Bright Future: Volunteering helps Vidalia senior find way to career

Published 12:00 am Wednesday, January 20, 2016

Gabby Morace sits on one of the tables she painted at Vidalia High School. (leah Schwarting / The Natchez Democrat)

Gabby Morace sits on one of the tables she painted at Vidalia High School. (leah Schwarting / The Natchez Democrat)

VIDALIA — When Gabby Morace, 17, goes off to college next year, she’ll have four solid years of volunteering with the Vidalia High School Key Club under her belt — and she doesn’t plan on quitting any time soon.

The VHS senior was inspired to join the club her freshman year by some of her older friends, who were already members.

Since then, Morace has volunteered a minimum of 20 hours a year for organizations such as the Natchez Stewpot, Habitat for Humanity and Operation Christmas Child. She’s also painted benches and tables around VHS and helped clean up the school.

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Even in the classroom advanced placement European history teacher Andy Davis said Morace is the first to volunteer to lead group projects.

“She just gets learning,” Davis said. “She has a desire to learn.”

Her favorite event is the Ellis Laine Malone Foundation Annual Fun Run, at which Key Club members have done tasks such as making signs to mark the route, directing runners and handing out hot chocolate.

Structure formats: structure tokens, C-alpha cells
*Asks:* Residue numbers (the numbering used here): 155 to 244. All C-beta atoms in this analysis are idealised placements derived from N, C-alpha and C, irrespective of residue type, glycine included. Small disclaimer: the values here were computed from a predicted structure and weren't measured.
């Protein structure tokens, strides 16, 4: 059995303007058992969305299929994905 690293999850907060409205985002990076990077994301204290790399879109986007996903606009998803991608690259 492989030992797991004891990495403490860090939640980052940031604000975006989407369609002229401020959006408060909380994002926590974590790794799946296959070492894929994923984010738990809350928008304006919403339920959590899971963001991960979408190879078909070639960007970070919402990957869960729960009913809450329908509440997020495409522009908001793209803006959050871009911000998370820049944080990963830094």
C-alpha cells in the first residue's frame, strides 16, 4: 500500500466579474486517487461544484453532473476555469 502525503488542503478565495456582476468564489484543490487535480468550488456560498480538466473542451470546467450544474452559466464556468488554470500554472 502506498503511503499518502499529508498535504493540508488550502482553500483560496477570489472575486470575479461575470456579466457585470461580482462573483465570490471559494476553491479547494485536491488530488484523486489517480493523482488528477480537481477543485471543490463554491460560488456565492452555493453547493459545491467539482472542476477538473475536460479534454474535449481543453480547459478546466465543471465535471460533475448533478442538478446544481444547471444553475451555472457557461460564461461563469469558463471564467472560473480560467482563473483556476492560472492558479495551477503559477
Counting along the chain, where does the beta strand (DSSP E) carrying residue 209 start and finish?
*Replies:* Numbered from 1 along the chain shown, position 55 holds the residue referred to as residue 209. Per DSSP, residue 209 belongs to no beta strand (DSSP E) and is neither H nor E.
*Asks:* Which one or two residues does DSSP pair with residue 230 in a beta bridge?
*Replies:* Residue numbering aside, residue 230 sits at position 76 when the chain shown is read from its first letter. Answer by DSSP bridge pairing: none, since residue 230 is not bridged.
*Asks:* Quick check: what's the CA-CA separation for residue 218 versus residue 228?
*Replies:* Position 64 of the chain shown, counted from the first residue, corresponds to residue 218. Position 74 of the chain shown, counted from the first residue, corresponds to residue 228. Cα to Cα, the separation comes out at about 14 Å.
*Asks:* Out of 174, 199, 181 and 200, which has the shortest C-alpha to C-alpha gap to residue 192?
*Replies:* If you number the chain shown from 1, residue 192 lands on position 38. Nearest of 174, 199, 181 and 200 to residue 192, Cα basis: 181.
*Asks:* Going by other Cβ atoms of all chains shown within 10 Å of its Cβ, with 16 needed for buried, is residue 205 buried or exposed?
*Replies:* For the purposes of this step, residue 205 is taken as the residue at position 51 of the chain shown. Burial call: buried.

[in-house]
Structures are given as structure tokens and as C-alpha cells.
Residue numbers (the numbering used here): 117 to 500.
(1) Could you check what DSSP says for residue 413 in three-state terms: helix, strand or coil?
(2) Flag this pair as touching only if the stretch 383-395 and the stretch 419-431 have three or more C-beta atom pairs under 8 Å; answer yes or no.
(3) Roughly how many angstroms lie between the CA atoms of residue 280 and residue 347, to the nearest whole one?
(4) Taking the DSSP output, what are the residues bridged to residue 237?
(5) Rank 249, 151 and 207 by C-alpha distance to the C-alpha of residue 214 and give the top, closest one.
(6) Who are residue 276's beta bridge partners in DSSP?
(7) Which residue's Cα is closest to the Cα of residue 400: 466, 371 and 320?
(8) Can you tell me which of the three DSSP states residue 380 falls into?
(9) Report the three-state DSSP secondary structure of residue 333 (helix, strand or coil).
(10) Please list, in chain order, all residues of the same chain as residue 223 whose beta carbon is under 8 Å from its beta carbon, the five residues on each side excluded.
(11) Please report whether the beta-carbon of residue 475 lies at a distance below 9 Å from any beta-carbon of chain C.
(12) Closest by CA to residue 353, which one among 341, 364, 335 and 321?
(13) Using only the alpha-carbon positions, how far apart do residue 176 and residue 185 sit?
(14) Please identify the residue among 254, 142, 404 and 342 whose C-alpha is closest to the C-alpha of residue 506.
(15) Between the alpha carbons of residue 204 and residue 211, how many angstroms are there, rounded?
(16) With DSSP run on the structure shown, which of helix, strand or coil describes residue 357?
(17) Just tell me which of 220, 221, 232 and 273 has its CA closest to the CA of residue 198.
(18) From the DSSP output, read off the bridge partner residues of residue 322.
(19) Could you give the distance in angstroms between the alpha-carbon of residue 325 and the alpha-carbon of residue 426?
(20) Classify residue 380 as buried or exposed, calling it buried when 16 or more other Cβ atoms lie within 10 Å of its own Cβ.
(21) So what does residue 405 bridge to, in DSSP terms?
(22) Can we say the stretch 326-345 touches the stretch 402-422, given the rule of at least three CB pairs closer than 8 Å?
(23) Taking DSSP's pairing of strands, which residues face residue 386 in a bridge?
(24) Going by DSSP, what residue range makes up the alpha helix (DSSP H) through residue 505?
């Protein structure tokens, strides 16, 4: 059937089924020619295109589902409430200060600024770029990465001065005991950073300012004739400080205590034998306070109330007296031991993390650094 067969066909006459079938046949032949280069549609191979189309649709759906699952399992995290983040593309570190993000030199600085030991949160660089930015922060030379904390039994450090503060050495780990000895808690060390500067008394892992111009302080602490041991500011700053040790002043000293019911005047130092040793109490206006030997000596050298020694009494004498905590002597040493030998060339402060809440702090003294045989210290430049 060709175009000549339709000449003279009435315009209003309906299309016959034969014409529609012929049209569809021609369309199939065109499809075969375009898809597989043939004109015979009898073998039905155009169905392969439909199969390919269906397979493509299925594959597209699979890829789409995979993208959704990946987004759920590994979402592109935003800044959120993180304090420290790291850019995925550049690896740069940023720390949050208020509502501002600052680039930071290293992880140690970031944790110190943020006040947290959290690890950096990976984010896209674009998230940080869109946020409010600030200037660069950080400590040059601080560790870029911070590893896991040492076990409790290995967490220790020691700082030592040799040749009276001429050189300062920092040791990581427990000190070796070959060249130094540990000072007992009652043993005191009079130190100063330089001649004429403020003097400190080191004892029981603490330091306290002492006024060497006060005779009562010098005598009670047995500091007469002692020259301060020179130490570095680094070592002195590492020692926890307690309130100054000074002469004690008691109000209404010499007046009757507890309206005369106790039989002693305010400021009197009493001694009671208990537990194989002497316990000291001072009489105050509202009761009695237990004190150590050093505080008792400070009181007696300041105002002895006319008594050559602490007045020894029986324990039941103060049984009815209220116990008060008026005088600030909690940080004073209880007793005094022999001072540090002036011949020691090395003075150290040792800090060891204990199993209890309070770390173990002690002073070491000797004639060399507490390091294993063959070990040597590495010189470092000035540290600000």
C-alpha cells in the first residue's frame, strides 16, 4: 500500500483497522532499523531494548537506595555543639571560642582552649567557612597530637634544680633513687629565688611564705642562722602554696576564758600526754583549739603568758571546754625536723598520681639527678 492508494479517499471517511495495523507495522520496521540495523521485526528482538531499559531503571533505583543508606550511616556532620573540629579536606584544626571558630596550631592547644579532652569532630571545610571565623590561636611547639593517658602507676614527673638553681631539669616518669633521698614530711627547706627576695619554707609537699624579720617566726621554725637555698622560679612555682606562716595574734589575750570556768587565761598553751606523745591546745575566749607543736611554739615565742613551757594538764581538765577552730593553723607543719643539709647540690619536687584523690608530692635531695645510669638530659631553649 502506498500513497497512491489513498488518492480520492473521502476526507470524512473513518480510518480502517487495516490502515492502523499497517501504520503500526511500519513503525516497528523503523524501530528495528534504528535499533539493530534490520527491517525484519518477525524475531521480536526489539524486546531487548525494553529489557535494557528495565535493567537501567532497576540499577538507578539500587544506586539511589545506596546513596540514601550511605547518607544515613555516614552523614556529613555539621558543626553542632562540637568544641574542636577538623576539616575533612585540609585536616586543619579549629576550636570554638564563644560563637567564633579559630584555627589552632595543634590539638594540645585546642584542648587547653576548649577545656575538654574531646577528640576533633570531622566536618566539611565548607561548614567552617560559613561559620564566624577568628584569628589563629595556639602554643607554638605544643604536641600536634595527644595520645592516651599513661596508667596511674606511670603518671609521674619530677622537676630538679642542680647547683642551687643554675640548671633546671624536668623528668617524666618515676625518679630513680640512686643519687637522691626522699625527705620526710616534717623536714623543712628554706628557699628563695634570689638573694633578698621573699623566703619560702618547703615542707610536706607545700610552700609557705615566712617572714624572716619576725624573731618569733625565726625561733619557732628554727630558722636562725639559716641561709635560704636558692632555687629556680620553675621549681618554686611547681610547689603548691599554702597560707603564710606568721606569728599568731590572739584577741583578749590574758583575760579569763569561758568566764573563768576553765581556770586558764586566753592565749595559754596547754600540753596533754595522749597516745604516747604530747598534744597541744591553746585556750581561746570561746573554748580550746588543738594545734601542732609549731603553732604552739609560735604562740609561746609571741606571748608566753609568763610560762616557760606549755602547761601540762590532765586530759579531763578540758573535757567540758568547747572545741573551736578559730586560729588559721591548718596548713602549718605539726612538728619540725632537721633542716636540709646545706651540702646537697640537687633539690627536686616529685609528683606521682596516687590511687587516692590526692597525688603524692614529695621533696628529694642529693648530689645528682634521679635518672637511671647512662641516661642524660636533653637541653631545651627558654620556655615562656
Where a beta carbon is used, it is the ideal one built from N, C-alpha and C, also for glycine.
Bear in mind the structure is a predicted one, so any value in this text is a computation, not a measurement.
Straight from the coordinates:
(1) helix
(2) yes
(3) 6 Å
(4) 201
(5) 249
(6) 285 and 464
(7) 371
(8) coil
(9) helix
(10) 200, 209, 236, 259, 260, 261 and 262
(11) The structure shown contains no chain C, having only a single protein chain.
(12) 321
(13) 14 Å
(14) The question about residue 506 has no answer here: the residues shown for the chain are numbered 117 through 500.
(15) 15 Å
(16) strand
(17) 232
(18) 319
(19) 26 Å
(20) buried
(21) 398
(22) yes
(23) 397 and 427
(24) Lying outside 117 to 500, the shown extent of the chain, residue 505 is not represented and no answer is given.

Malone is a Vidalia resident who was born with Apert Syndrome in 2012. The disorder causes premature fusion and development of her bones.

The run helps Malone’s family, and other families in which a member has Apert Syndrome, with medical needs.

“It’s something that’s oriented on someone from our town, and it’s nice to see our town come together for our people,” Morace said.

When she’s done volunteering, all of her hours have to be logged to earn her stole for graduation.

But Morace isn’t just keeping track of her hours. Her club has approximately 30 students involved and, as secretary, she has to keep track of all of them too.

She feels it’s much more difficult than the two years she served as vice-president, since she has to keep track of everything, including absences.

“I have a whole folder,” Morace said. “It’s just crazy.”

And, for good measure, she keeps a back-up version on her computer.

“For a 17-year-old it’s impressive she can balance things the way she does,” Davis said.

But, for all of the work, the job isn’t without its perks.

“It’s actually being secretary this year that’s made me want to be in a business field, because I’ve realized I can be organized and in charge of things,” she said.

Morace said she is considering pursuing a marketing degree after graduation, although she hasn’t decided on a college yet.

She wants to stay in Key Club in college, which is called Circle K. It’s because of Key Club, she said, that she appreciates what she has.

“I have my health, I have a home and I have food, and volunteering really shows you that some people don’t have that,” Morace said.

Morace is the daughter of Mathus Waller and Katrina Tarver.